Better Students Ask More Questions.
What is the main theme of the poem and what is the poet trying to tell us?
2 Answers | add yours
- Whitman remarking about the "sorrows, oppression, and shame" that is in the world
- The following are stated as either a sorrow, oppression, or shame
- Men that cry in secret after doing something wrong
- Mother misused by her children, that is dying, neglected, desperate
- Wife misused by husband
- Seducer that goes for young women
- Jealousy, love not returned
- War, sickness, prisoners, martyrs, and tyranny
- Sailors that kill some to save the others that are dying of famine(no food)
- The people that think they are better than others - in particular laborers , poor, black people, etc
- All of the observations seem to have no end, but he hears and sees it all but does nothing
- The first problems are individual , while the second set of problems problems (societal)
Best answer as selected by question asker.
This poem was published in 1860 during a time when most Americans were fearful that the issue of slavery was not going to be resolved peacefully, and so there was great insecurity about the country's future. It's not surprising, then, that a poet like Whitman would look around and see society falling apart. More important, however, is the question of how a person reacts to all these negative signs.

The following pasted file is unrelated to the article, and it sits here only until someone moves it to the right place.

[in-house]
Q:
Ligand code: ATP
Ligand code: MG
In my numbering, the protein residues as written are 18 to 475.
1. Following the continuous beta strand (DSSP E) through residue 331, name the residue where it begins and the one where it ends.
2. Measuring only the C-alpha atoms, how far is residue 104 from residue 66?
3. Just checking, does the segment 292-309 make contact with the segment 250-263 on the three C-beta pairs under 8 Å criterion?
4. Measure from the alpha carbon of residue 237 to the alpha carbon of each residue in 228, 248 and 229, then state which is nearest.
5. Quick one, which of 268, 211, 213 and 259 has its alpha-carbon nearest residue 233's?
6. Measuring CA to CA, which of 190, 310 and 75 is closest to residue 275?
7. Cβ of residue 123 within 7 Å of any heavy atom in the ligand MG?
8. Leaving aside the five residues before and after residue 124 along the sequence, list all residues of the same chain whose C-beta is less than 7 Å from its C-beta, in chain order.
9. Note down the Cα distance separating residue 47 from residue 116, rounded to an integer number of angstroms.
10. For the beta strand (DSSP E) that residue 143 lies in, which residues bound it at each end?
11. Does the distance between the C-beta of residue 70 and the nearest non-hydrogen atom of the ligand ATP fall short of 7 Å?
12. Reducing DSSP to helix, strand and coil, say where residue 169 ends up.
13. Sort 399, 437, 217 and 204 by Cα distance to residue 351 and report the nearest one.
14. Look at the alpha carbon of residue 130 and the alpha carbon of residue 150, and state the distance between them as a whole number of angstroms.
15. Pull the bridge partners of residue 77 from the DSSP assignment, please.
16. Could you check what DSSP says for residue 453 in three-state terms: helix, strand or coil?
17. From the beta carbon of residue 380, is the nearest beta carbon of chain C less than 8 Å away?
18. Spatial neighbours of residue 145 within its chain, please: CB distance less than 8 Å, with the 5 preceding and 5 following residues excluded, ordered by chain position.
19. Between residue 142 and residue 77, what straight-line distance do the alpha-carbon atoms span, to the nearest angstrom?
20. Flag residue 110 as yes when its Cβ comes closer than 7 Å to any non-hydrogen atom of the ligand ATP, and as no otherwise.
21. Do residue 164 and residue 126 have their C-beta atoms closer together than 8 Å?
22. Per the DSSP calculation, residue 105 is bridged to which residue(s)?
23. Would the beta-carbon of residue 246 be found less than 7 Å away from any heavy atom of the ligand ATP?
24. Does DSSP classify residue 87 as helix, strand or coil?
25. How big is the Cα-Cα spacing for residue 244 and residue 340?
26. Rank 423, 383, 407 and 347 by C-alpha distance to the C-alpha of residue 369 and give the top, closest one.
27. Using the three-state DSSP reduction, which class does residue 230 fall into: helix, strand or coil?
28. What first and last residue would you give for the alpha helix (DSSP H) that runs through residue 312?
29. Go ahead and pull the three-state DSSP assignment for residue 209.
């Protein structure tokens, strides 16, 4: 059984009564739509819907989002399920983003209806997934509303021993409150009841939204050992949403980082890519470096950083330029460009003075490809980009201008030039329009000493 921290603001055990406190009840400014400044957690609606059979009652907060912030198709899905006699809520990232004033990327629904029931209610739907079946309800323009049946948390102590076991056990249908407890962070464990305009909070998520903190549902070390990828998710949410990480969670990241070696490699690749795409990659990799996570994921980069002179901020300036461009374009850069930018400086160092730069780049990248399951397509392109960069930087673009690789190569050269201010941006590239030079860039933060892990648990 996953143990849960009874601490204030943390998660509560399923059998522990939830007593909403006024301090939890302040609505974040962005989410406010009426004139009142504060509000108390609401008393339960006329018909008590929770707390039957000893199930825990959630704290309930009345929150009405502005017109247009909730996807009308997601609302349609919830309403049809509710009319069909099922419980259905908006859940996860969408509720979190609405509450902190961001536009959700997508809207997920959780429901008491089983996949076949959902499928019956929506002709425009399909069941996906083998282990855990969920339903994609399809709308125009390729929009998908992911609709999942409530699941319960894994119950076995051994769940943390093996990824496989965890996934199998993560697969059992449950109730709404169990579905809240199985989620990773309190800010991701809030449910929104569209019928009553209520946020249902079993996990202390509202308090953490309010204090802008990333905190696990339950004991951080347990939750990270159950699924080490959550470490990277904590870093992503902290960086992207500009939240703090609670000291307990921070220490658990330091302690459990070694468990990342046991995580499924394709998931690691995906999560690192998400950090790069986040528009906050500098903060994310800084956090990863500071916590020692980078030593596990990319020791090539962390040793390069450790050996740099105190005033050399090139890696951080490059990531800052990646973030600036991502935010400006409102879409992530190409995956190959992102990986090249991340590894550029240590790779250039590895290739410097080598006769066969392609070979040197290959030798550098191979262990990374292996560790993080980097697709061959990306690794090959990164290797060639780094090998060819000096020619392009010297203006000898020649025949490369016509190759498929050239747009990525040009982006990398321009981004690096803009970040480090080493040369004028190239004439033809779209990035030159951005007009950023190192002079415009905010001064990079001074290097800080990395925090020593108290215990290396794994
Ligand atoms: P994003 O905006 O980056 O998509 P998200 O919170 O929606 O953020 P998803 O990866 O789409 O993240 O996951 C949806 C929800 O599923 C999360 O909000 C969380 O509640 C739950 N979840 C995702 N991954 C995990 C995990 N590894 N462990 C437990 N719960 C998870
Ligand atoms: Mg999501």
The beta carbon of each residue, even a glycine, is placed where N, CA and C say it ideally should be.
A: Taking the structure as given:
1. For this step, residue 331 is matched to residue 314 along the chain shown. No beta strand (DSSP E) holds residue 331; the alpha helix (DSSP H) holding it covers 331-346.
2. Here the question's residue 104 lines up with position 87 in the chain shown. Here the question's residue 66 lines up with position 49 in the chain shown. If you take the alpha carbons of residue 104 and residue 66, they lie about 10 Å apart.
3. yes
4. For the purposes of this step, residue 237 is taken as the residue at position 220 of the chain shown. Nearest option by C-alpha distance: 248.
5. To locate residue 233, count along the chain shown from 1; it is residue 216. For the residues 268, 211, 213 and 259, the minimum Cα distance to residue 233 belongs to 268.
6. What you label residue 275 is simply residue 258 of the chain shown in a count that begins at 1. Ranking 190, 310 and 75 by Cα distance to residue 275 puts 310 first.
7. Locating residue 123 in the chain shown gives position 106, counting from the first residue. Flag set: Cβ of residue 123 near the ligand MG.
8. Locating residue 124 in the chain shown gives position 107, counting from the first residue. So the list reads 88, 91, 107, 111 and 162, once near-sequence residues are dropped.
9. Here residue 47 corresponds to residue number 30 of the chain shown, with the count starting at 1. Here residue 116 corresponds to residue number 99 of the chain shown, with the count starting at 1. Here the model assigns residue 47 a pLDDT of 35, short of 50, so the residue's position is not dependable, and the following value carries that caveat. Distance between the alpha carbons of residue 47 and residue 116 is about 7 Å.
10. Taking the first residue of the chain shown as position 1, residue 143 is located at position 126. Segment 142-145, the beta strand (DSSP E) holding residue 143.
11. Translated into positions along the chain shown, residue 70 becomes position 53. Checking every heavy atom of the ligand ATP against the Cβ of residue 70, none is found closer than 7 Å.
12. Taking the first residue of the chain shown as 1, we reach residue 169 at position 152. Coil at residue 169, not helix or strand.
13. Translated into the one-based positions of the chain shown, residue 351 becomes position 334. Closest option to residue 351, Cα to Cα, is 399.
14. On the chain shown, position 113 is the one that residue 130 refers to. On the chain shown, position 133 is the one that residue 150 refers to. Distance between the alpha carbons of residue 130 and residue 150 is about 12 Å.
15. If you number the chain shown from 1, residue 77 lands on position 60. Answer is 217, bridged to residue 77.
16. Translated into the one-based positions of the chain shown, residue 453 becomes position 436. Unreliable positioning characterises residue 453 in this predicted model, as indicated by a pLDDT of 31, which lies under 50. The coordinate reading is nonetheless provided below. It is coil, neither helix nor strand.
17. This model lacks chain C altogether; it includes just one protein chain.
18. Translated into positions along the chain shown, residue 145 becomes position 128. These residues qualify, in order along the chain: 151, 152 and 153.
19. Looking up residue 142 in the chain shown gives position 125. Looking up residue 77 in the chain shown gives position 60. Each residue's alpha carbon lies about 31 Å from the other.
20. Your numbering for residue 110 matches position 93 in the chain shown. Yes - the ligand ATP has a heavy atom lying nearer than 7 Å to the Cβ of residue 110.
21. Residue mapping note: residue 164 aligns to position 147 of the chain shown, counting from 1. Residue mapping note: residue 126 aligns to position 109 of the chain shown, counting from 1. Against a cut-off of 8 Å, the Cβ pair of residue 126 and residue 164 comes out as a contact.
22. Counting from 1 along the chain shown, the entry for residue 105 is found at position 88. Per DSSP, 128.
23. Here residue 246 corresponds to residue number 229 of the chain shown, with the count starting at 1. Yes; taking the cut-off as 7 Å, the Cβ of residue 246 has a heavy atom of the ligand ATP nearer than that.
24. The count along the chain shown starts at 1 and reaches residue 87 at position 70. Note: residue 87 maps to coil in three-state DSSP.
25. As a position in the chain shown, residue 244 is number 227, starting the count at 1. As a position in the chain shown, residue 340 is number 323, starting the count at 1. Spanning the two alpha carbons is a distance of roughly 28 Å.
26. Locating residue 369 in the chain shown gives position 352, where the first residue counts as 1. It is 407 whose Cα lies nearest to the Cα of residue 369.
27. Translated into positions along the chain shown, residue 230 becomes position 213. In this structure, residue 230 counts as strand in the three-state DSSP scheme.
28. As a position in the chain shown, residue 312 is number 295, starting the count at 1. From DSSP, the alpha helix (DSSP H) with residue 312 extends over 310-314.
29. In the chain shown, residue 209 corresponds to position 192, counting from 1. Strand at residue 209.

When Whitman begins the poem with " I SIT," we are meant to see the poet as a passive observer of life around him. This passivity is made even clearer when we look at the beginnings of all the subsequent lines in the poem, all of which begin with some permutation of passive observance, not action. This is a man who clearly sees nothing but horror around him--oppression, shame, abuse of a mother by her children, pestilence, tyranny, cannibalism--a litany of unrelenting grimness.
What gives this poem some redeeming value, however, is that the poet explicity condemns himself at the end--he sees and hears all the suffering, but he is "silent." By condemning himself, the poet is implicitly condemning all in the society who observe the many horrors around them and do nothing.
The theme, then, is simply this: all of these horrors are easily observed because they are all around us, and if all we do is "see, hear," and be silent, these horrors will overwhelm us. The poem is a call to positive action in the face of a society that is headed toward disaster.
Posted by docholl1 on January 1, 2012 at 2:00 AM (Answer #1)
Summary: I Sit and Look Out By Walt Whitman is where Whitman is the narrator of the poem, he sees everything that is bad with the world but does says he does nothing to fix it.
Posted by natjoseph on January 3, 2012 at 3:29 AM (Answer #2)
Related QuestionsSee all »
Join to answer this question
Join a community of thousands of dedicated teachers and students.